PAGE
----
Sure, throw on your gym shoes and go for a run, and that’s inexpensive exercise. But as soon as you cross over from casually running on occasion for funsies to running for sport, it is no longer a cheap endeavor. I feel like I am constantly buying something for running. Not that I’m complaining! Because I would love to buy all the running clothes and gear and toys. So for the sake of curiosity, I just had to know how much I spend in a year on running. Is running as expensive as I think it is? I ran the numbers and found just how much running costs me per year.
While over the years you and I have become more connected than I thought possible—you have certainly made me a stronger runner—I feel that it may be time for us to see other people.
When I run, I let my freak flag fly a little higher than usual. For me that means letting my running clothes express my vibes. I feel strong, vibrant, and confident when I’m running, and my style reflects that. Which could explain why I get comments about my running clothes from total strangers.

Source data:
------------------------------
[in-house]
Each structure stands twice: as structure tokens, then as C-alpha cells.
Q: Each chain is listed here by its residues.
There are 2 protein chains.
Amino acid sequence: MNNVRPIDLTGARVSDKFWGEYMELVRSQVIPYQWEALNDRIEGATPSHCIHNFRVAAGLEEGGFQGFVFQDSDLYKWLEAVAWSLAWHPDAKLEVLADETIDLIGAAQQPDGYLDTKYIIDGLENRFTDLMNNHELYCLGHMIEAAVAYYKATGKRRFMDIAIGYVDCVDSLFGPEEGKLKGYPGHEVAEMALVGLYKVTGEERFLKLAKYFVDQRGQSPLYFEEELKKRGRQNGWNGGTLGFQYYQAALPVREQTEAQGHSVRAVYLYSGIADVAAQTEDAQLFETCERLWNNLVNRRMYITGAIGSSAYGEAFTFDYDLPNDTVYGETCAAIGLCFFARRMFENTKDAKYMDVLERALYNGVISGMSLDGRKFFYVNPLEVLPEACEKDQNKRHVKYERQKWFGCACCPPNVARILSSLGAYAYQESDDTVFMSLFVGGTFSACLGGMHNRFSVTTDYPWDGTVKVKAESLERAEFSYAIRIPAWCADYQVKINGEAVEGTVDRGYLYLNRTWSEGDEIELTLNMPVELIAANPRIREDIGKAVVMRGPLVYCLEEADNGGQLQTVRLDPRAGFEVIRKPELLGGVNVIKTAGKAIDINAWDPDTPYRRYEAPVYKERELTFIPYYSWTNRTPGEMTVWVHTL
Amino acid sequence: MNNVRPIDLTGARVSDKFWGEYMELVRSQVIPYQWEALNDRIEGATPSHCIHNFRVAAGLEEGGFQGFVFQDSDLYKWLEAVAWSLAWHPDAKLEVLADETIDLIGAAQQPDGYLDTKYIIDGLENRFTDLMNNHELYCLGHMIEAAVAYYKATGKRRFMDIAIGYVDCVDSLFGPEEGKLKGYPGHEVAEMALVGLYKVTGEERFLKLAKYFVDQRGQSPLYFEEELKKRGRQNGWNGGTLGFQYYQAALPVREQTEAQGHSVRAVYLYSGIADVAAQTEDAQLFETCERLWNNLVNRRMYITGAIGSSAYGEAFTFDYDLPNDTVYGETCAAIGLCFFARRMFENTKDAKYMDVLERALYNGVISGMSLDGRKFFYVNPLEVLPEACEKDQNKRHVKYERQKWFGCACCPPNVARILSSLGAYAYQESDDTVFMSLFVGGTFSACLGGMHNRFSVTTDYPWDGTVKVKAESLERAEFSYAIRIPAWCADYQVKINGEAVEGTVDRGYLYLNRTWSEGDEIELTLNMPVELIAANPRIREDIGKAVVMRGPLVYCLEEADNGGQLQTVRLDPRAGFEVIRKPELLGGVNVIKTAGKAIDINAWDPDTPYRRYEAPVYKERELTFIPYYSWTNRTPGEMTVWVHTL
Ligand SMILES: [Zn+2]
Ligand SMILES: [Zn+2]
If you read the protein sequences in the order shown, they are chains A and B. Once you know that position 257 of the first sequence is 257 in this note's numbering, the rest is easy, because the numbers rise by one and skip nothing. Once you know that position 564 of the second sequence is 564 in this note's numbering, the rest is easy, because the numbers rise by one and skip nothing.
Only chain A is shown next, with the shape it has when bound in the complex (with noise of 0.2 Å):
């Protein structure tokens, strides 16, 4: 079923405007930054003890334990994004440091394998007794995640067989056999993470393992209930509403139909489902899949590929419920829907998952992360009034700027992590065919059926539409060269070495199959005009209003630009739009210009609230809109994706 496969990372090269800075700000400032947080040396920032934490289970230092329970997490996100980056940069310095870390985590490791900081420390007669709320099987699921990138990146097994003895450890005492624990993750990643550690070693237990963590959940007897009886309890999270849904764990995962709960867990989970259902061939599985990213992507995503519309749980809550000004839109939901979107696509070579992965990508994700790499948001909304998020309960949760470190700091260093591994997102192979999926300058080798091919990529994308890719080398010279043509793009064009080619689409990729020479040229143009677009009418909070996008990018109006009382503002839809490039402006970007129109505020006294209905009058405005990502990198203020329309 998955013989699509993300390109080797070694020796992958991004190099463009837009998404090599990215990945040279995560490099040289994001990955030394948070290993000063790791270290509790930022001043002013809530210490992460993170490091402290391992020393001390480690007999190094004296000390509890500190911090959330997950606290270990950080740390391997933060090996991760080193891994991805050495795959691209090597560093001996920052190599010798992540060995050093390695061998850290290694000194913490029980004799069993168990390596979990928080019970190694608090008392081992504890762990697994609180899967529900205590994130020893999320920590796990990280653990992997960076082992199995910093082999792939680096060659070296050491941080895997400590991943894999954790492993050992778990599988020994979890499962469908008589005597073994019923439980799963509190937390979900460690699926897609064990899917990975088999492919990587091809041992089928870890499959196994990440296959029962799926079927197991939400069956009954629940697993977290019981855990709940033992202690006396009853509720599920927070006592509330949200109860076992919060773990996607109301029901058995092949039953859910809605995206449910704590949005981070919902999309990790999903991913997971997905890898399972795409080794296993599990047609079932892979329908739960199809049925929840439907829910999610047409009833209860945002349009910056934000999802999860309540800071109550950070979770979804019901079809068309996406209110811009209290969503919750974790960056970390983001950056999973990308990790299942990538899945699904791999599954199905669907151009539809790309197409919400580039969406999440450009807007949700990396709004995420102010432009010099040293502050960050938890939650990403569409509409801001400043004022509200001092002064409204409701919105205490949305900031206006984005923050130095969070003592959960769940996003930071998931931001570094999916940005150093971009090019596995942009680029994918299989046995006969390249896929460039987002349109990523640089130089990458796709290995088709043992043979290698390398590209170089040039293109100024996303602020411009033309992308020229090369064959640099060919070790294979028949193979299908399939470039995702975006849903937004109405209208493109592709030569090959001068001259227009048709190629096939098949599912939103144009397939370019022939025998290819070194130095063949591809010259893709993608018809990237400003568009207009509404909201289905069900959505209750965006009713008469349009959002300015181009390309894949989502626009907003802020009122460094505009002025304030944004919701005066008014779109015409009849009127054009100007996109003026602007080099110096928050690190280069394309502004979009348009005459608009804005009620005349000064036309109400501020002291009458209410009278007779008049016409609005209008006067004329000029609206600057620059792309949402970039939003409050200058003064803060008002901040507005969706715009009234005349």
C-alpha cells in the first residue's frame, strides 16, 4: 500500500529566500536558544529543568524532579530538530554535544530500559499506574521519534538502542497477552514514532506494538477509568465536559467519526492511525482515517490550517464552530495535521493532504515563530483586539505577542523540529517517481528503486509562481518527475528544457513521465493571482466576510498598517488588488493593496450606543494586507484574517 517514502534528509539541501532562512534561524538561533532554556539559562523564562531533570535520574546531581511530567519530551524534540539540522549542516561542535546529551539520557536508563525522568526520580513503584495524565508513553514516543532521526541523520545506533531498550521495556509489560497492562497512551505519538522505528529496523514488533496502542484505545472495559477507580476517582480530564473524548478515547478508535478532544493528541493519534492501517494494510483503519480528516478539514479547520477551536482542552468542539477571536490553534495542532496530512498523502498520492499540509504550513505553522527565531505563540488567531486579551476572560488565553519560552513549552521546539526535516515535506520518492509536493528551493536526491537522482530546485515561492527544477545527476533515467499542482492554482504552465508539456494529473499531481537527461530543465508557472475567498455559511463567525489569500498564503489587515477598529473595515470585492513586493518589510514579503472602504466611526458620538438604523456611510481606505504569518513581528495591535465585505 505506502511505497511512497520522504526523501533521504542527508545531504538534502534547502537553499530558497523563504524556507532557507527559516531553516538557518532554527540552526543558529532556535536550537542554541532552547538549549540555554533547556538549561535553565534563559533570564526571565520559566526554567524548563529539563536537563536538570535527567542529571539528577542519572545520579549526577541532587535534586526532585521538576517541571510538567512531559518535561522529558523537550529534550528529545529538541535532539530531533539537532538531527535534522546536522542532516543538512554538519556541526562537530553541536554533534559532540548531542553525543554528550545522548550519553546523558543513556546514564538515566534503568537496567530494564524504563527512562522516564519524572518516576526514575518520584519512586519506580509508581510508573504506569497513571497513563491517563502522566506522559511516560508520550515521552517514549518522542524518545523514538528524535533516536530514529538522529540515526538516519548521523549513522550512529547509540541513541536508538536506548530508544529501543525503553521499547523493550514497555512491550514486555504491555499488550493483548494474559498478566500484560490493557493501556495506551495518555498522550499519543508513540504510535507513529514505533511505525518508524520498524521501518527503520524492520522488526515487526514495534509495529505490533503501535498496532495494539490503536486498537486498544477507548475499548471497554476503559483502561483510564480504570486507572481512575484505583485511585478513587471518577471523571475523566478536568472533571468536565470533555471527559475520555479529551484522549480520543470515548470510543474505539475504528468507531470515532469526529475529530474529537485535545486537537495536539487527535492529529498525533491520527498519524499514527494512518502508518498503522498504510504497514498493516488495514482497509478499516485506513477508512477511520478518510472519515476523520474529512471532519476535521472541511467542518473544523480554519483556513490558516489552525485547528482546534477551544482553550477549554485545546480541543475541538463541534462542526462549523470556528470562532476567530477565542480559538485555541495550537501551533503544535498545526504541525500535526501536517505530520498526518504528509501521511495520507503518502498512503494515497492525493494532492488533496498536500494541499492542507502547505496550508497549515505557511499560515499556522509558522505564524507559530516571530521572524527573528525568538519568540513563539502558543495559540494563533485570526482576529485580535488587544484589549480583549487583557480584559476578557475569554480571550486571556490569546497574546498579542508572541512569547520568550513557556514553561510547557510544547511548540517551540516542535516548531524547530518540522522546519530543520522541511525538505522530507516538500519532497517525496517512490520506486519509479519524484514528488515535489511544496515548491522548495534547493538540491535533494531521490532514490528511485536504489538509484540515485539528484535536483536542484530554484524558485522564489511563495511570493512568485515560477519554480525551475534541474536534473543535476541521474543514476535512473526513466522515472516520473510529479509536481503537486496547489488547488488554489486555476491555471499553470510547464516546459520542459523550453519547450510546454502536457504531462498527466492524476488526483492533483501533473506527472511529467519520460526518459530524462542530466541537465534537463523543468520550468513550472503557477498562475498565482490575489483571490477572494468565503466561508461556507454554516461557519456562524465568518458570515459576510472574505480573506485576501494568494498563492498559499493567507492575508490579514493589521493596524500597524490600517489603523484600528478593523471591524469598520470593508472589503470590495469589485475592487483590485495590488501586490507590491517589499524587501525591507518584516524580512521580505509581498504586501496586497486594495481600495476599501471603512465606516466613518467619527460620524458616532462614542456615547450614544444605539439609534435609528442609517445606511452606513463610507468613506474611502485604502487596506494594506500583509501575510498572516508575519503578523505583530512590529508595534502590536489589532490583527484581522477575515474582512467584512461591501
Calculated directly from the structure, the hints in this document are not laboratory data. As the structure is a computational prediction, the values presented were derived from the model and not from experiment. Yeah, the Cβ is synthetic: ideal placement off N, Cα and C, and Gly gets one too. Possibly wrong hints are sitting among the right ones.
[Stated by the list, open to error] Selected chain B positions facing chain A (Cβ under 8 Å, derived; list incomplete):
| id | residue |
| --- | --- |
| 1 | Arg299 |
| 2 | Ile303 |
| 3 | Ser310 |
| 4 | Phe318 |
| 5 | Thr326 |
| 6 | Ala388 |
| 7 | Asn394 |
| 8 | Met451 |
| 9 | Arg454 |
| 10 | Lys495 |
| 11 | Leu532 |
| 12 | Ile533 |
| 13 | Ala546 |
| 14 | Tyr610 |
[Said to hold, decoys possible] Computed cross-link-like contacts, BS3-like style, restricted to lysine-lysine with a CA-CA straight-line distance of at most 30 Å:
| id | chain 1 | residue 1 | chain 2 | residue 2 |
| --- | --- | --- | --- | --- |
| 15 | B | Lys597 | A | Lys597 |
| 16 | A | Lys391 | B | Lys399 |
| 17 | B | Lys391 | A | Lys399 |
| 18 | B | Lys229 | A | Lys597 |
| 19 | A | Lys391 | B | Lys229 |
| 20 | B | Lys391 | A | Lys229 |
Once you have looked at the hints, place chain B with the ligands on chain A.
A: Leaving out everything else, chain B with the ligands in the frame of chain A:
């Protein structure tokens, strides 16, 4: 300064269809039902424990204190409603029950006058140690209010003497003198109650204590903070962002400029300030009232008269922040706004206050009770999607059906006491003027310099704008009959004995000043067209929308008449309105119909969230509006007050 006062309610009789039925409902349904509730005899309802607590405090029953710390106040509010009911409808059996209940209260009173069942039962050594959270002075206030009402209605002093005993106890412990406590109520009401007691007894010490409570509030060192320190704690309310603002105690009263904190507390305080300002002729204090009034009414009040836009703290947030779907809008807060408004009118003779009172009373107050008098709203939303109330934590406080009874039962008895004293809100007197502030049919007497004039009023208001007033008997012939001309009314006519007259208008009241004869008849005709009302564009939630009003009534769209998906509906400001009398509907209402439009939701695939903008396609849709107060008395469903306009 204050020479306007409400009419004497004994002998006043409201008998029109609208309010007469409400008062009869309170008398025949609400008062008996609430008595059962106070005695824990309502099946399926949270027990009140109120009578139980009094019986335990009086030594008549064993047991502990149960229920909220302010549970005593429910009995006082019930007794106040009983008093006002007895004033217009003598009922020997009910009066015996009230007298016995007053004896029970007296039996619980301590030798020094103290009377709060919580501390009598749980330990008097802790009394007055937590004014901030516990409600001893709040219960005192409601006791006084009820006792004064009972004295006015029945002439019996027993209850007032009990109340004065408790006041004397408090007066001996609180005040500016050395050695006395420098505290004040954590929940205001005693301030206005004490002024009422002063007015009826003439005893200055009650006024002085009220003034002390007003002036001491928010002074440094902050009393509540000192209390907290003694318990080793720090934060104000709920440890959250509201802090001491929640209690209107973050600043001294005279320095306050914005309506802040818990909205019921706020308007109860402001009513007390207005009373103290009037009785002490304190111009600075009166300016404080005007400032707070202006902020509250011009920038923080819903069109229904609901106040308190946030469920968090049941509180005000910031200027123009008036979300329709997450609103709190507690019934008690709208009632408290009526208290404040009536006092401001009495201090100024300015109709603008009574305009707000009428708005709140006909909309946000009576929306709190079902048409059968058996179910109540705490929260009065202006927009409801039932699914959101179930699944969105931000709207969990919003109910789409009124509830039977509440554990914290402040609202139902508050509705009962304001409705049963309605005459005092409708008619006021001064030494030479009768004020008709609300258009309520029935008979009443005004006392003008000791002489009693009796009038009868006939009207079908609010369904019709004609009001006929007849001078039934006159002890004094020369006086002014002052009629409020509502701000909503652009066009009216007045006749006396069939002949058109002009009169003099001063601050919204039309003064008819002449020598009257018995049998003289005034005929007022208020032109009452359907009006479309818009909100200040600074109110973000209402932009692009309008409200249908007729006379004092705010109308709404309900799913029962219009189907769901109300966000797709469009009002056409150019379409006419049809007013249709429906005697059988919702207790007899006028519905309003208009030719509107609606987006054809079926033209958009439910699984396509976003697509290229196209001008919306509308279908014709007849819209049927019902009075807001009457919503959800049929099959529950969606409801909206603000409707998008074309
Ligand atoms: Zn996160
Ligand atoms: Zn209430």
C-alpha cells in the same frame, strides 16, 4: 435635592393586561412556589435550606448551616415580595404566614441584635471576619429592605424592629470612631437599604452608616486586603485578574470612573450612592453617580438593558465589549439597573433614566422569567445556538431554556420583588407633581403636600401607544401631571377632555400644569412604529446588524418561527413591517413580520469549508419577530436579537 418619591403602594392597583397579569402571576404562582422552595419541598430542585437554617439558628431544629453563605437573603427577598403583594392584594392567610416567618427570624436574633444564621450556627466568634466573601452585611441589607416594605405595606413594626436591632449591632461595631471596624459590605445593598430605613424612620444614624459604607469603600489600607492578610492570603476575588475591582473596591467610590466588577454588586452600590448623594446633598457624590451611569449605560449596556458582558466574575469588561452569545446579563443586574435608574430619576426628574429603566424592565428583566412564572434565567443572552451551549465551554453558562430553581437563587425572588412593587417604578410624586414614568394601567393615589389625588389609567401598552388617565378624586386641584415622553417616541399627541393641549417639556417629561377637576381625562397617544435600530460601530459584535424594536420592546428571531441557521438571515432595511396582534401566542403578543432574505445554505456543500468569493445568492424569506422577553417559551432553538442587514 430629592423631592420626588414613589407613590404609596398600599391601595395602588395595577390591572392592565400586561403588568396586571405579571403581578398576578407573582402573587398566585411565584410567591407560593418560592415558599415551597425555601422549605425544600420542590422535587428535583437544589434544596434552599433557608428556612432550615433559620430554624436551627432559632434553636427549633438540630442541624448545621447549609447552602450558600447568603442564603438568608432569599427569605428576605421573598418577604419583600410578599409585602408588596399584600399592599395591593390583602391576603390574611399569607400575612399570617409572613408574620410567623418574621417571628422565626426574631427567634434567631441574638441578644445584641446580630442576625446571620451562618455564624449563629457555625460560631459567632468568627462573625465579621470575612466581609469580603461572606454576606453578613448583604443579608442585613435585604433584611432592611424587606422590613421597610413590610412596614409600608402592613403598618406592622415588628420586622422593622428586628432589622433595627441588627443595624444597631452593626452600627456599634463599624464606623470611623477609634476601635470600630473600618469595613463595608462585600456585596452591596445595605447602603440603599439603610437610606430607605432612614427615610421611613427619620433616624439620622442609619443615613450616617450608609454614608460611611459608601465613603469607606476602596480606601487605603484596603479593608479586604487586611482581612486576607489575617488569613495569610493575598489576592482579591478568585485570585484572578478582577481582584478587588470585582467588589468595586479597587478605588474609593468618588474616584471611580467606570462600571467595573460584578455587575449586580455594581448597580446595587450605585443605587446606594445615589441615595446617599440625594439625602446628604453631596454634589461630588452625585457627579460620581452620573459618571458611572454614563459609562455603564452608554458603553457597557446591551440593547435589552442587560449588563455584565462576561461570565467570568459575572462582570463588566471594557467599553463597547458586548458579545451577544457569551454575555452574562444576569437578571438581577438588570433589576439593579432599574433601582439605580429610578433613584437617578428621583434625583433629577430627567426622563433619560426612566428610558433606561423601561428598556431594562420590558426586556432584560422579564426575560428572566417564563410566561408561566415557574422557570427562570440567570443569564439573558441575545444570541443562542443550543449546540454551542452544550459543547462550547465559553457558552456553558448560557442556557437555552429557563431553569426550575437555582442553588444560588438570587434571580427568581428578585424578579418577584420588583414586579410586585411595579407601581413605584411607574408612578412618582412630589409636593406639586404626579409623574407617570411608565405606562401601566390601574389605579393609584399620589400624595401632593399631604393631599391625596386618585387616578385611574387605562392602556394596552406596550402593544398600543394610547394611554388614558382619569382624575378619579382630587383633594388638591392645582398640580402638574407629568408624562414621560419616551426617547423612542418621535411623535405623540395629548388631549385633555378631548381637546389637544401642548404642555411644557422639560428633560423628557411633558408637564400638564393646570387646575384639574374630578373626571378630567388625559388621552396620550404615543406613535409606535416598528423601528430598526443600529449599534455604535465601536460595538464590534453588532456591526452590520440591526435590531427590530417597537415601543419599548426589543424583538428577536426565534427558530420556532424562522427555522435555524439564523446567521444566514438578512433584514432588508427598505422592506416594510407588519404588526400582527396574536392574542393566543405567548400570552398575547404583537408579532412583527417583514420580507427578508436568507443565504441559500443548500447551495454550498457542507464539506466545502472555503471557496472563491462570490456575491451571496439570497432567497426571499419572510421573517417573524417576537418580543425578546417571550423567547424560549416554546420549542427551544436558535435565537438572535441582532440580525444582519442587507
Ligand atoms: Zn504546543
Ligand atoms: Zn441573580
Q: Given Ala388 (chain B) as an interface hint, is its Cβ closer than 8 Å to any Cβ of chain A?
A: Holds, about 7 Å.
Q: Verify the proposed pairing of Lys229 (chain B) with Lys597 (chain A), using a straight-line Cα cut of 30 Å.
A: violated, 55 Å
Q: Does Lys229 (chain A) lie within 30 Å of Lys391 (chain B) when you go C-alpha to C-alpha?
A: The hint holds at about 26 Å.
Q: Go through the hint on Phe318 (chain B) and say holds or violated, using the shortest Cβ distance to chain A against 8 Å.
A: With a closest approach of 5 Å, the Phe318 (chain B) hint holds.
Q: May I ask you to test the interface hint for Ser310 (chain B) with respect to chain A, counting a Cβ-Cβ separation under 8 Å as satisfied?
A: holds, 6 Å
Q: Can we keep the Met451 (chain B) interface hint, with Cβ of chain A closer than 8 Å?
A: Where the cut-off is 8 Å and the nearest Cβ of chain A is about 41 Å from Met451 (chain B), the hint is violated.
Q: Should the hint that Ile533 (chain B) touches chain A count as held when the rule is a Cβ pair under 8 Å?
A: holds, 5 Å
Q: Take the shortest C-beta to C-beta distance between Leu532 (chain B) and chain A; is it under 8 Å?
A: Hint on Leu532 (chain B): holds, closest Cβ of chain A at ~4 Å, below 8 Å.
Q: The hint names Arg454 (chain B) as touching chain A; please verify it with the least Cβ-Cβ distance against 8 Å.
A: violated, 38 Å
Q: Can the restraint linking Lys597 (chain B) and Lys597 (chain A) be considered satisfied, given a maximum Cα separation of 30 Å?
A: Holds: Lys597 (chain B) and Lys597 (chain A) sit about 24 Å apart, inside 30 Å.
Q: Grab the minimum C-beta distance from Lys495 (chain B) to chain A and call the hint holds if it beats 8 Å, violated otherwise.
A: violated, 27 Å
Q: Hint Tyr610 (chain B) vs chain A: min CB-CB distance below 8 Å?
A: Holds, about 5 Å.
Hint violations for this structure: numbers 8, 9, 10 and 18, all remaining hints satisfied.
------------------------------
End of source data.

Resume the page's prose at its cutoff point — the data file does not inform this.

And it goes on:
After a snowstorm blew through, I found myself treadmill-bound for 24 miles this week. And as much as I love the treadmill, four days strapped to the ‘mill is too much time spent indoors. When I log miles on the treadmill I like to tune in and tune out to a movie or TV show. In other words: Netflix and Treadmill. It turns out this term is nothing like Netflix and chill; there’s just too much sweat and not enough popcorn.
For those of us who started running later in life, there are various things that inspired us to initially lace-up our kicks and try this crazy sport. We didn’t grow up on the track. From weightloss to bucket lists to good ol’ peace and quiet, we late-blooming runners have our reasons for starting to run. My running inspiration (runspiration, if you will) was a nameless woman who merely mentioned that she was a runner. Something she said spoke directly to the competitive athlete I had buried deep inside me.